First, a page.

Consistently Changing Parenting

by PJ McClure on July 8, 2013

 Remember when you could lay your child down, turn your back for a moment, and they would still be there when you turned back to them? That lasts for a few months and then all bets are off.

As they grow and become more comfortable with themselves and their environment, our methods of handling them have to move just as quick. We learn to have diapers and wipes in position before removing our hands. That tactic gives way to a one-handed operation because they’re so darn quick, taking both hands away is out of the question!

The point is; kids grow and our methods of interaction with them need to grow too or we’re in serious trouble.

Adapting to their maturing needs, concerns, and intellects requires all of us to accept the fact that successful parenting isn’t a place we reach and stay. At the same time, our kids need to see consistency in who we are and where our parenting comes from. So how?

Believe it or not, the most successful business managers can teach us a lot. They face many of the same challenges and constantly seek ways to get results in ever-changing environments. Knowing we can all benefit, here are 5 tips for staying relevant, consistent, and in touch with the changing needs of your kids (or employees).

Be in the moment – It is nearly impossible to address the real needs of another if we’re thinking of something from the past or future. Especially when it doesn’t have anything to do with the person we’re dealing with. Focus and stay authentically involved in what is going on. Ask yourself, “What is going on right now?”

Remember your place – As the parent, you have the authority so there is no real need to flaunt it. Take comfort in the fact that you have the last word and let down your defenses in an attempt to really understand what is going on with your kids. You might not always succeed and you don’t have to let bad behavior go unpunished, but the attempt will be appreciated.

Listen twice as much – Yes, it’s a cliché but it’s true! If we will hold our words and listen, we may discover things that change the landscape. One technique to listening more is to take a deep breath instead of saying the first thing that pops into your mind. Use this extra breath to slow yourself down, consider all the angles, and perhaps avoid some arguments.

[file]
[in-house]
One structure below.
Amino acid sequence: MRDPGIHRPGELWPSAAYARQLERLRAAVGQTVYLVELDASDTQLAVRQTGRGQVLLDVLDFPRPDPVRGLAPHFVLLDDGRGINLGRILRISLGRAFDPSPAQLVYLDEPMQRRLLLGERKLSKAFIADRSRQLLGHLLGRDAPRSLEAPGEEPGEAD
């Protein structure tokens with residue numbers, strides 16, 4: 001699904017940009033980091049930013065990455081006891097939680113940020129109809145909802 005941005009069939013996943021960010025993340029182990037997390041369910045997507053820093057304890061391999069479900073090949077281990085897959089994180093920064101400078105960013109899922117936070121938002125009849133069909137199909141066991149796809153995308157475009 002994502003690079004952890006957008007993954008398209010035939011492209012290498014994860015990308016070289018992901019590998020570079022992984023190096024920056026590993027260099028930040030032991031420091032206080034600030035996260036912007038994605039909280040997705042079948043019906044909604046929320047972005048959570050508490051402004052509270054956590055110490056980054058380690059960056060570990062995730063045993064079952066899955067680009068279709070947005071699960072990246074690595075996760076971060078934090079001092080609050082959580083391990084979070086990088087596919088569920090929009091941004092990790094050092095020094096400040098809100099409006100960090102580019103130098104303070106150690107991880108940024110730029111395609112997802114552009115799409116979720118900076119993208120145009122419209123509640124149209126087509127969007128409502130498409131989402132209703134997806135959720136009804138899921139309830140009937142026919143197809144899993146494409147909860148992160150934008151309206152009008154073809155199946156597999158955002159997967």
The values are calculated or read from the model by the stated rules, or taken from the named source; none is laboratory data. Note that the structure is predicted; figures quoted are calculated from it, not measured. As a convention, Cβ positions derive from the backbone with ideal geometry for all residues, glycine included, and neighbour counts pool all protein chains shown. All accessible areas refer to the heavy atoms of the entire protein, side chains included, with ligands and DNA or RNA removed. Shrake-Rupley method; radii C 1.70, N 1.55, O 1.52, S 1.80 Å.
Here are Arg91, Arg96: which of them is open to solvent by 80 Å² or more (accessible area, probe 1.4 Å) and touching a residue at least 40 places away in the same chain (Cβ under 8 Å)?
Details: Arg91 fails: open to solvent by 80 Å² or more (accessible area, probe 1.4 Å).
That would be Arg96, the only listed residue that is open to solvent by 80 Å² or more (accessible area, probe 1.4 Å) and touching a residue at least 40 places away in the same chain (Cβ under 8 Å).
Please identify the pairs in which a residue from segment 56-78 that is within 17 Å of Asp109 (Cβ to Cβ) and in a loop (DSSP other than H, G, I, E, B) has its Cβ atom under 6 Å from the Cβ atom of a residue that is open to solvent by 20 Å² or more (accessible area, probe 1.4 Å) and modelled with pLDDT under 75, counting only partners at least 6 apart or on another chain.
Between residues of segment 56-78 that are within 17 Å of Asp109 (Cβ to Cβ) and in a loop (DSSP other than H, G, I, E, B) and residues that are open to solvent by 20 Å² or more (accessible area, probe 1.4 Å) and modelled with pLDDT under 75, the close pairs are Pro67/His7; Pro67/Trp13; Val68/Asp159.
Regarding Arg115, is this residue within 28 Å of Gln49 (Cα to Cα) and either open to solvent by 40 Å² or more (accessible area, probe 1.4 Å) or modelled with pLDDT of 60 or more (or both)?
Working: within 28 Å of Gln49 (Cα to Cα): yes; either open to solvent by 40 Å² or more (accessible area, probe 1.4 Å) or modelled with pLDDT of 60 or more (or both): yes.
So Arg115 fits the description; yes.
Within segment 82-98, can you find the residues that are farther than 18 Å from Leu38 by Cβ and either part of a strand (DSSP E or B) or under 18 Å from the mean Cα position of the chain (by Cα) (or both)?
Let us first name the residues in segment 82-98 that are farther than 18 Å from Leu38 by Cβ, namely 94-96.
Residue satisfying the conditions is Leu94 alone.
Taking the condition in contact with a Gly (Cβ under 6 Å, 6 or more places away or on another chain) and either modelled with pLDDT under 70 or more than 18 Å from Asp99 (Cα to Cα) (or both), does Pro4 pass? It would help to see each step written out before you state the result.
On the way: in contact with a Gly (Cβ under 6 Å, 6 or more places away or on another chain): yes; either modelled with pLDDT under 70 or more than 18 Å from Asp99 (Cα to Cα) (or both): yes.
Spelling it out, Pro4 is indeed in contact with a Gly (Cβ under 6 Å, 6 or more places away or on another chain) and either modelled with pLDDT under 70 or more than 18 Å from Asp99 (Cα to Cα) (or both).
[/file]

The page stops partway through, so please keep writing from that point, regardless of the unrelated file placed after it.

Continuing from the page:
Consistent, not concrete – More important than understanding our children is understanding ourselves. Why do we take the stands we do? Why do some actions deserve discipline and others don’t? By understanding our ‘whys’ we can maintain consistency as our children and situations change. Applying the spirit of our reasons allows us to stay on target without becoming inflexible.

Grow with them – No one is immune from the need to grow. That includes us… Kids grow by default for a while, but it is important for us as parents to instill a love of personal growth. How are you getting better and do your kids see your hunger to be your best? As we all grow together, we see things change. As they change, a firm basis of personal growth allows us to re-evaluate our parenting to make sure we are still accomplishing what our kids need.

Kids don’t stop and neither should we. Stay active, stay relevant, and never think we have arrived. 

Be your best,



Christine Pirkey November 7, 2011 at 1:09 pm

Great article, PJ, and one that is sorely needed in today’s society. There are so many negatives today that are coming at children that they must fight constantly to stand above the onslaught, and parents, even as busy as they are, can help by being available to them for even a few moments when they are especially needed. I would only add to your post that it is also important to be aware of the unspoken messages that children sometimes convey when they are in need. For in instance, if your teen suddenly begins to follow you around the house making small talk while you are trying to catch up on housework (or office work) that you’ve put off doing until the last minute, and your nerves are stretched to the limit, take an instant to wonder why this strange behavior is happening. It just may be that she desperately needs to confide in you, and she doesn’t know how to approach the subject.
Chris Pirkey

PJ McClure November 7, 2011 at 1:26 pm

I love that addition Christine! It is often the unspoken that says the most.

Thanks so much.

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